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Newt Gingrich Has a Take on Why Election Night Turned Out to Be Such a Disappointment

Joe Burbank

As much as this year's midterm election was expected to be a red wave, that did not turn out to be the case. It certainly was nothing like 1994, when Democrats lost 52 seats in the House. Former House Speaker Newt Gingrich (R-GA), who helped usher in that red wave during then President Bill Clinton's first midterm election, shared his take while on Fox News Channel on Wednesday morning.


During "Fox & Friends," Gingrich acknowledged "we did not do as well in the House and the Senate as I thought we'd do," to which he added "there's a lot to study about what happened." He did, however, stress "we did very well with governors" and that "in that sense it was a huge night for Republican government at the state level." This included in his state of Georgia, where Gov. Brian Kemp (R-GA) once more beat Democratic gubernatorial nominee Stacey Abrams in a rematch from 2018. 

Gingrich and co-host Steve Doocy discussed how "the big red wave that was predicted has not happened yet." There's still several more races to call, though, to determine which party controls each chamber. Gingrich kept reiterating he was "surprised," especially given that many predicted the issues of inflation, the border, and crime would be more so of a factor and "would have made for a very big Republican night."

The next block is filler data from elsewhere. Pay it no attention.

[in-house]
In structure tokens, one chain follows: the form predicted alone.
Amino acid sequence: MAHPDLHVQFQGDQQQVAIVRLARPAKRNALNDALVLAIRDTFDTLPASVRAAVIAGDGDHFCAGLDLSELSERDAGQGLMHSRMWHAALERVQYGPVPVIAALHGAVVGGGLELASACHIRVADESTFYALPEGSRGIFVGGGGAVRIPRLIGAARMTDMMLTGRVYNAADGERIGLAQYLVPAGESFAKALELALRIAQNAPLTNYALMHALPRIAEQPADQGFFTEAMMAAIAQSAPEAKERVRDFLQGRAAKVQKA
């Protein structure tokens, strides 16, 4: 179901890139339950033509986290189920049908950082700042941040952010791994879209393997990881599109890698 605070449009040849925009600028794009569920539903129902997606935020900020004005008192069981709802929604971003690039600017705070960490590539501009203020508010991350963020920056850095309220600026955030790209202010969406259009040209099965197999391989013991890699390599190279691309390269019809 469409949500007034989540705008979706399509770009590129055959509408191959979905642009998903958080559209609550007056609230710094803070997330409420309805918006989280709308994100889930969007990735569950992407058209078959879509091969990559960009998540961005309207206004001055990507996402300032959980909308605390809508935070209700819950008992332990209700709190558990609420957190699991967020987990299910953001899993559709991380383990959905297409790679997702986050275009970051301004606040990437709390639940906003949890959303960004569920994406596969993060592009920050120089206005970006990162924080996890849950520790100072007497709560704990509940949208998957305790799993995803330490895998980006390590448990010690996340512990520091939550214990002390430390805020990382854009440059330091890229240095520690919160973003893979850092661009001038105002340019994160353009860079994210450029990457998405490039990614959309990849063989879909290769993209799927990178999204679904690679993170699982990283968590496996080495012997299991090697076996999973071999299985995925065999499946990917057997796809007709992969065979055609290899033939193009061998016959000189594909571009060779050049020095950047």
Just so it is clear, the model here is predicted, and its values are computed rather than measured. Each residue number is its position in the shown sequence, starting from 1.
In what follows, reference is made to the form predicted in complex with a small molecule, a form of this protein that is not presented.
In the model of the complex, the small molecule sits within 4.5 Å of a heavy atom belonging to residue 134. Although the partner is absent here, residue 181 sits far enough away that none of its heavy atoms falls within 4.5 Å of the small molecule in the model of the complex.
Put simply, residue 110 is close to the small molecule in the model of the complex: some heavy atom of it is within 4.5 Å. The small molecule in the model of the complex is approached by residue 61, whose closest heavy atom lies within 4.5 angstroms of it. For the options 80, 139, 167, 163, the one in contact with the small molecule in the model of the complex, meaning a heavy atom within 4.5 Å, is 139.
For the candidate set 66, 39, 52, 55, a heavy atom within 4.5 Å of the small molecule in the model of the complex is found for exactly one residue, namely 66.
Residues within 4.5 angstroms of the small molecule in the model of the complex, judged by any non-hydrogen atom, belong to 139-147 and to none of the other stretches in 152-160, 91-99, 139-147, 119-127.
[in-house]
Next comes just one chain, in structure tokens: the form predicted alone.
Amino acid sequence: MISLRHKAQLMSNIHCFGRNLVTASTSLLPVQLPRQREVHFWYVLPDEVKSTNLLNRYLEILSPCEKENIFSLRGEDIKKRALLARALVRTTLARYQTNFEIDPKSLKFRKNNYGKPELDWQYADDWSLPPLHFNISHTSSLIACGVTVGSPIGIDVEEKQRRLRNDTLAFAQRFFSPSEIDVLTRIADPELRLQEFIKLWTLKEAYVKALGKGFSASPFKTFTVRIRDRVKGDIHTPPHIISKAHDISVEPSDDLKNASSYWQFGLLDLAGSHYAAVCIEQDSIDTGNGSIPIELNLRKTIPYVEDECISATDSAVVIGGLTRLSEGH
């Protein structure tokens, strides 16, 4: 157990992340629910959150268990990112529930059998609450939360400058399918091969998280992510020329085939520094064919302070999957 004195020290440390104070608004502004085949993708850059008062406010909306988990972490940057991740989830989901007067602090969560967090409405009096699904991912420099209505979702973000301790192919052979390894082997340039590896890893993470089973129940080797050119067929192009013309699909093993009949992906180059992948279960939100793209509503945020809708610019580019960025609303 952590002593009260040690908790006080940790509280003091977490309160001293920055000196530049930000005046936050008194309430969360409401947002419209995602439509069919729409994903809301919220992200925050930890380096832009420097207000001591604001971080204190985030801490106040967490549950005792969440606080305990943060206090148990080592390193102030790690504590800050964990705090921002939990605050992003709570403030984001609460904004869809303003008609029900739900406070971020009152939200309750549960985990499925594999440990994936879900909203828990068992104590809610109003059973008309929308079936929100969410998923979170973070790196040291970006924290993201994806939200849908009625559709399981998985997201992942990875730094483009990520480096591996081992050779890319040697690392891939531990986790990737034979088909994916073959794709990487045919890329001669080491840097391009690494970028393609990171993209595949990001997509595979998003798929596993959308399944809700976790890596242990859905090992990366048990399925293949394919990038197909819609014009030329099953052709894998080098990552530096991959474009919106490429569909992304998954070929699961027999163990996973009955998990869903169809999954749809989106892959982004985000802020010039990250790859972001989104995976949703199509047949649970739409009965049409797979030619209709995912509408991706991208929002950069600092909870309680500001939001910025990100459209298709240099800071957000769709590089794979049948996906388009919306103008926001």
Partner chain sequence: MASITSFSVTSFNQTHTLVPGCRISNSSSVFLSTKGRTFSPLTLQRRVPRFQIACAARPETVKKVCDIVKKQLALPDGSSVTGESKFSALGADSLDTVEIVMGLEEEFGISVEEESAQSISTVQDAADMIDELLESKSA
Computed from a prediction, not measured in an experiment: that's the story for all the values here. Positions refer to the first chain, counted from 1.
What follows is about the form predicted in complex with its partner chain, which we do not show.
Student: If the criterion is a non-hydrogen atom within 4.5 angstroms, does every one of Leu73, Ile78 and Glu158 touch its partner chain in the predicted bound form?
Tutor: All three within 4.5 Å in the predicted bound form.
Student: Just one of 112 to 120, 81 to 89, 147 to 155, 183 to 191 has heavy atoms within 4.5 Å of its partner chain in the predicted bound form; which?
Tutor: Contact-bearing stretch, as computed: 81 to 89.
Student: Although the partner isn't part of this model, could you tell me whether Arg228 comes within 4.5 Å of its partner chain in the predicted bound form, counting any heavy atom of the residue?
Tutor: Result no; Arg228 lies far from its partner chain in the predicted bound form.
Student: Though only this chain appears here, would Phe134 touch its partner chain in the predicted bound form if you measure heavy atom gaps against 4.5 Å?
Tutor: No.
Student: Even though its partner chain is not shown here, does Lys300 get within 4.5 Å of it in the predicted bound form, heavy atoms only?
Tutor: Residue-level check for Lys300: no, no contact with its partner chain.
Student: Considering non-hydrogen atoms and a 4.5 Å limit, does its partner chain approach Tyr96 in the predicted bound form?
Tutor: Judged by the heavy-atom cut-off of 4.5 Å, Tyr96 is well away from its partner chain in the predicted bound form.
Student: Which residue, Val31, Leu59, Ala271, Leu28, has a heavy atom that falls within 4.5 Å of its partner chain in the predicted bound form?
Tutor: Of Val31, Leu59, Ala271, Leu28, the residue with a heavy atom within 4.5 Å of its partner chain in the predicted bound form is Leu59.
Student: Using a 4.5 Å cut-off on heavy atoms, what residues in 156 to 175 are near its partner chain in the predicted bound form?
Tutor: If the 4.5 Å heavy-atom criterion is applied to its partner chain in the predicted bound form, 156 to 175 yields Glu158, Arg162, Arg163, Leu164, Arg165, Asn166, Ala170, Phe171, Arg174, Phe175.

In the end, though, Gingrich offered that perhaps President Joe Biden's strategy of going after his Republican opponents and threatening that democracy was on the line worked. "Much as I think it's despicable," Gingrich made clear about such a strategy, "the Biden strategy of demonizing Republicans, and attacking Republicans, and defaming Republicans, I think did have an impact and will probably become the definition of the Democratic Party."

Doocy and Gingrich did agree that there was that red wave in Florida with Gov. Ron DeSantis' (R-FL) win, as well as that of Sen. Marco Rubio (R-FL), which had Gingrich predicting DeSantis "will almost certainly become the rallying point for everybody in the Republican Party who wants to move beyond President Trump," adding that "will certainly make for a remarkable race." Both DeSantis and Trump could end up running in 2024, with Trump potentially announcing on November 15.


If this does become "the definition of the Democratic Party," and there's no reason to think it won't now, it does put to shame even more so that Biden claimed to run in 2020 to help unify the country and that he cares about the soul of the nation. 

Republicans in 1994 benefited in part from the red wave due to their Contract with America that they released. House Republicans released their own plan, the Commitment to America agenda, in late September, though it was leaked beforehand allowing Democrats to respond. 


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